Energy Consumption and LED Lighting

Posted by Mike Triassi on Dec 19, 2016 3:08:29 PM

In many ways automation is predicated on improving quality, consistency and efficiency.  As process engineers, efficiency is a fundamental aspect of designing systems. It is probably true that efficiency of time, labor, or raw materials has had more priority than energy in our professional lives.  While production cost is important, a national goal for less dependency on foreign oil and a global initiative to reduce our impact on the environment should drive our personal choices as it pertains to energy consumption.

A few years ago, as Optimation began working with biofuel and renewable companies, I spent some time reviewing our energy profile as a nation. The US Energy Information Administration has a very informative article that I read in 2012.  And while it points to a trend toward reduced energy per capita, I was more struck by the resources used to meet our energy demand.



A couple of other charts helped show how energy was being used with respect to sector and application.



Sector Name


Major uses[15][16][17]


Facilities and equipment used for producing and processing goods.

22% chemical production

16% petroleum refining

14% metal smelting/refining


Vehicles which transport people/goods on ground, air, or water.

61% gasoline fuel

21% diesel fuel

12% aviation


Living quarters for private households.

32% space heating

13% water heating

12% lighting

11% air conditioning

8% refrigeration

5% electronics

5% wet-clean (mostly clothes dryers)


Service-providing facilities and equipment (businesses, government, other institutions).

25% lighting

13% heating

11% cooling

6% refrigeration

6% water heating

6% ventilation

6% electronics

From <>

The next graph I saw at that time was one comparing per capita energy usage by country.  I was a bit embarrassed by how seemingly excessive we were in our energy usage.  But also concerned that others are headed in the same direction. 



So I came away with the general feeling the best way that an individual could help move the needle was in selecting higher efficiency vehicles (transportation is 26.7% of total power consumption) and more efficient lighting (12% of residential power consumption and 25% of commercial power consumption).

Focusing on lighting … LED lighting is now entering the "disruptive technology" category. Its ability to make a meaningful impact on energy usage is staggering.  Taking a look at the lumens per watt of lighting technology it is clear that LED has a clear advantage.  A 60-watt incandescent bulb generates 860 lumens. The compact fluorescent equivalent uses only 15 watts and LED uses 6.5 watts. Cutting energy usage by 90% from old incandescent technology or over 50% from relatively recent compact fluorescent technology is a compelling reason to make the change.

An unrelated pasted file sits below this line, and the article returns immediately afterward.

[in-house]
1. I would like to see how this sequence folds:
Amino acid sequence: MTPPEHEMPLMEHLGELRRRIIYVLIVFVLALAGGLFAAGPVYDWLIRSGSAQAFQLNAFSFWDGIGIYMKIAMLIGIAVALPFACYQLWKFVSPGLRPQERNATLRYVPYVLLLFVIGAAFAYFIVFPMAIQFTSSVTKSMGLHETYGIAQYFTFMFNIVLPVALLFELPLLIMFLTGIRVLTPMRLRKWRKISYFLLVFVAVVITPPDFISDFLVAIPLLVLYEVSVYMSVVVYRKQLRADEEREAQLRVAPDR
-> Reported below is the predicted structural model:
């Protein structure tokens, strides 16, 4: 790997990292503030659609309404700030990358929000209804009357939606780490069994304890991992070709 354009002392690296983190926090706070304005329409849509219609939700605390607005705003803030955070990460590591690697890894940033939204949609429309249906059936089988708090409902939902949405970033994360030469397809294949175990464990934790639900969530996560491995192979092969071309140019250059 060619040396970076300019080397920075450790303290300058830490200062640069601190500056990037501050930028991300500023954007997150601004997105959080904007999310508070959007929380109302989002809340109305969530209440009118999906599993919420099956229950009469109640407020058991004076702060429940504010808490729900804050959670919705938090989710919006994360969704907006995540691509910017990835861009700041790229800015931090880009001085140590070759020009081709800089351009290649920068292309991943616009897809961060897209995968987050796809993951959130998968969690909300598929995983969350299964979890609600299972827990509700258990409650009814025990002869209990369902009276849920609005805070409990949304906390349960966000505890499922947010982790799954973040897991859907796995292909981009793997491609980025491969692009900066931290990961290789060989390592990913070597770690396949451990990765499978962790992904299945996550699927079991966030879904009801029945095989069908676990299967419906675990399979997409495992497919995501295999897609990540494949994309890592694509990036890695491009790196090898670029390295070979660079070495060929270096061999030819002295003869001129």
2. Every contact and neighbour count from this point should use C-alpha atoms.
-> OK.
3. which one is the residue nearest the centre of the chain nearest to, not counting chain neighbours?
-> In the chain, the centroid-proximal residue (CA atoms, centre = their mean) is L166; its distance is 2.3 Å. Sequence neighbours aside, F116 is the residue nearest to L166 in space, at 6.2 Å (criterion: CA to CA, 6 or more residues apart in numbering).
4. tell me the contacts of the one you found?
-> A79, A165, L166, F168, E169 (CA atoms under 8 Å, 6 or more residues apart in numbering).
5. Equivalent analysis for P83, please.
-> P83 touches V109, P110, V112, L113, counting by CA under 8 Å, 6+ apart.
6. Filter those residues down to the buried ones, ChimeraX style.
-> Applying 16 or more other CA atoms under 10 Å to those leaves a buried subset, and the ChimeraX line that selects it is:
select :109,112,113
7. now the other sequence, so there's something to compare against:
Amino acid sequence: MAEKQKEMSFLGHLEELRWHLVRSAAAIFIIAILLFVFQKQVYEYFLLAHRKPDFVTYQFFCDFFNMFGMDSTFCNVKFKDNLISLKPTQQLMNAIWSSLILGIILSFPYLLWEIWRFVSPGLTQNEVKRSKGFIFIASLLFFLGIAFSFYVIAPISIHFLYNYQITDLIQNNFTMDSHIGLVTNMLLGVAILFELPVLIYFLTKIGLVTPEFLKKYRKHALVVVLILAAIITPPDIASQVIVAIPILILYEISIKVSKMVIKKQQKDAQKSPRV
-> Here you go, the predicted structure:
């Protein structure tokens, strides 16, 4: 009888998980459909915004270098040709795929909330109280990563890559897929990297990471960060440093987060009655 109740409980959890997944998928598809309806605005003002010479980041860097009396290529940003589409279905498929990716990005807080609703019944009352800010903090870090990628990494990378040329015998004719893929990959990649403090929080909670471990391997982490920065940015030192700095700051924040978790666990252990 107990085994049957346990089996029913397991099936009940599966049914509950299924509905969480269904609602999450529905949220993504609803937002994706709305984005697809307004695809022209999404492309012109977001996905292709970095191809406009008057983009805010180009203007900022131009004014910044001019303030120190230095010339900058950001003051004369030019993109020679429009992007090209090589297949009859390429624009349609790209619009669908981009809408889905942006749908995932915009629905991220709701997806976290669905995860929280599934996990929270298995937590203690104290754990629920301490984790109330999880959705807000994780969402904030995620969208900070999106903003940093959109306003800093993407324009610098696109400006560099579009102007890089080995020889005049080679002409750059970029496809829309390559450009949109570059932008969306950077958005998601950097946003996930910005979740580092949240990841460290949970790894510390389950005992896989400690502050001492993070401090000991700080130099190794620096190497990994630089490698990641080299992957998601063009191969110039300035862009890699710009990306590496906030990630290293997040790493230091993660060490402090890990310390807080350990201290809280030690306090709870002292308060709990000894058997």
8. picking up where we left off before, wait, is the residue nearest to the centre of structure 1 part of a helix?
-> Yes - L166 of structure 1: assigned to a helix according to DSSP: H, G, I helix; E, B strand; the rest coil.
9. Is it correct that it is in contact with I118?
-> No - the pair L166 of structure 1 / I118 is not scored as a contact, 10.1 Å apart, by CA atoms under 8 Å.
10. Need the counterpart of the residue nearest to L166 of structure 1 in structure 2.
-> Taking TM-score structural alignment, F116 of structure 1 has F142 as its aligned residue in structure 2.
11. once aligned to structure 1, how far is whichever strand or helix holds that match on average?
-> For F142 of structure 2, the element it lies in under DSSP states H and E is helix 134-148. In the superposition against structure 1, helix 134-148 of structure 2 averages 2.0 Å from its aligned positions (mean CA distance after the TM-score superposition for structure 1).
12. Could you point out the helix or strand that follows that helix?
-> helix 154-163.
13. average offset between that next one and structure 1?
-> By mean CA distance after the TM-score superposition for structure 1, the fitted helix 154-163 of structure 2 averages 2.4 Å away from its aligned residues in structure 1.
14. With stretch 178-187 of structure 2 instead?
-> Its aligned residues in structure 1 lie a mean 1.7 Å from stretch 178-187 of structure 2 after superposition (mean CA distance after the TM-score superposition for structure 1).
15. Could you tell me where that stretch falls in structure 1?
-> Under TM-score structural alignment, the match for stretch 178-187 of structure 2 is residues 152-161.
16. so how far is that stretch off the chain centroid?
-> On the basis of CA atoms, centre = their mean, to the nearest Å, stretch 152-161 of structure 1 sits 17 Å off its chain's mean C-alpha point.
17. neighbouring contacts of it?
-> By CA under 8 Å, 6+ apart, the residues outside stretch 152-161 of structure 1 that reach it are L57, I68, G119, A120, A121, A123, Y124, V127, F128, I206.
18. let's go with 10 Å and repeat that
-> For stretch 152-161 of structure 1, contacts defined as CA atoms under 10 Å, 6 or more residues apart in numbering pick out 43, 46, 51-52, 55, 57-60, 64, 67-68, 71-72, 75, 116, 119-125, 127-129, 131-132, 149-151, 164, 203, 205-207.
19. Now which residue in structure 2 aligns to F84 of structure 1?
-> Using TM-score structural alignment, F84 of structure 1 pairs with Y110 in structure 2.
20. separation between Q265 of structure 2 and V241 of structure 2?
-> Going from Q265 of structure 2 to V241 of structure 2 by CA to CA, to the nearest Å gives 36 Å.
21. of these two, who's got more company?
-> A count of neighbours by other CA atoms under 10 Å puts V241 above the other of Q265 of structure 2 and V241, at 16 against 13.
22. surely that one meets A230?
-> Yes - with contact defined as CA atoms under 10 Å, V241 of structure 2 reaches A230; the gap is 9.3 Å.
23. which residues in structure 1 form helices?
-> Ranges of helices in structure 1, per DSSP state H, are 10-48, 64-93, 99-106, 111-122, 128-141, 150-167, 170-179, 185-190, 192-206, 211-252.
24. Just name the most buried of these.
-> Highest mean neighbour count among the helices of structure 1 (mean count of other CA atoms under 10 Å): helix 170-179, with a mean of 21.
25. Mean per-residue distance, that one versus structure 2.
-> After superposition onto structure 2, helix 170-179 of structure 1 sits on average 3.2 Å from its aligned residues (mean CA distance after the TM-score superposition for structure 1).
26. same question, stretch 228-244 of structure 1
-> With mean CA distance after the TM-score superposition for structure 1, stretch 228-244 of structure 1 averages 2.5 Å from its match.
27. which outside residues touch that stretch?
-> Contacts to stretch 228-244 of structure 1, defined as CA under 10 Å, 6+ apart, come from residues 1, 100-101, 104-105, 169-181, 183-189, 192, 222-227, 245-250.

Earlier in the year, Optimation converted all of the Rush office lighting to LED under a program where the cost of the change was amortized into the electric bill over a one-year period.  Estimating a 60% savings in energy, there was a nominal increase for 12 payments and then a lifetime of reduced cost. 

Last weekend, I spent about $150 to change all my home lights to LED lighting. The price of LED lighting is at $2.50 to $5.00 per bulb depending on the type. In my case I had put in compact fluorescent many years ago.  If all the home lights in the US made this shift it would have at least a 6% reduction of 10% of the total US consumption. That is about 0.5 percent of 95.1 quads (or 150 billion KW-hr). One thing that I did was to use soft light. We felt that the daylight color was just too harsh. As a bonus the LED lighting is dimmable. Now that the price has come down and the color is pleasing there seems very little reason not to go out and make a change to help save energy.  And after we all get our electric bills after this holiday season is over, we may be even more motivated to do so!

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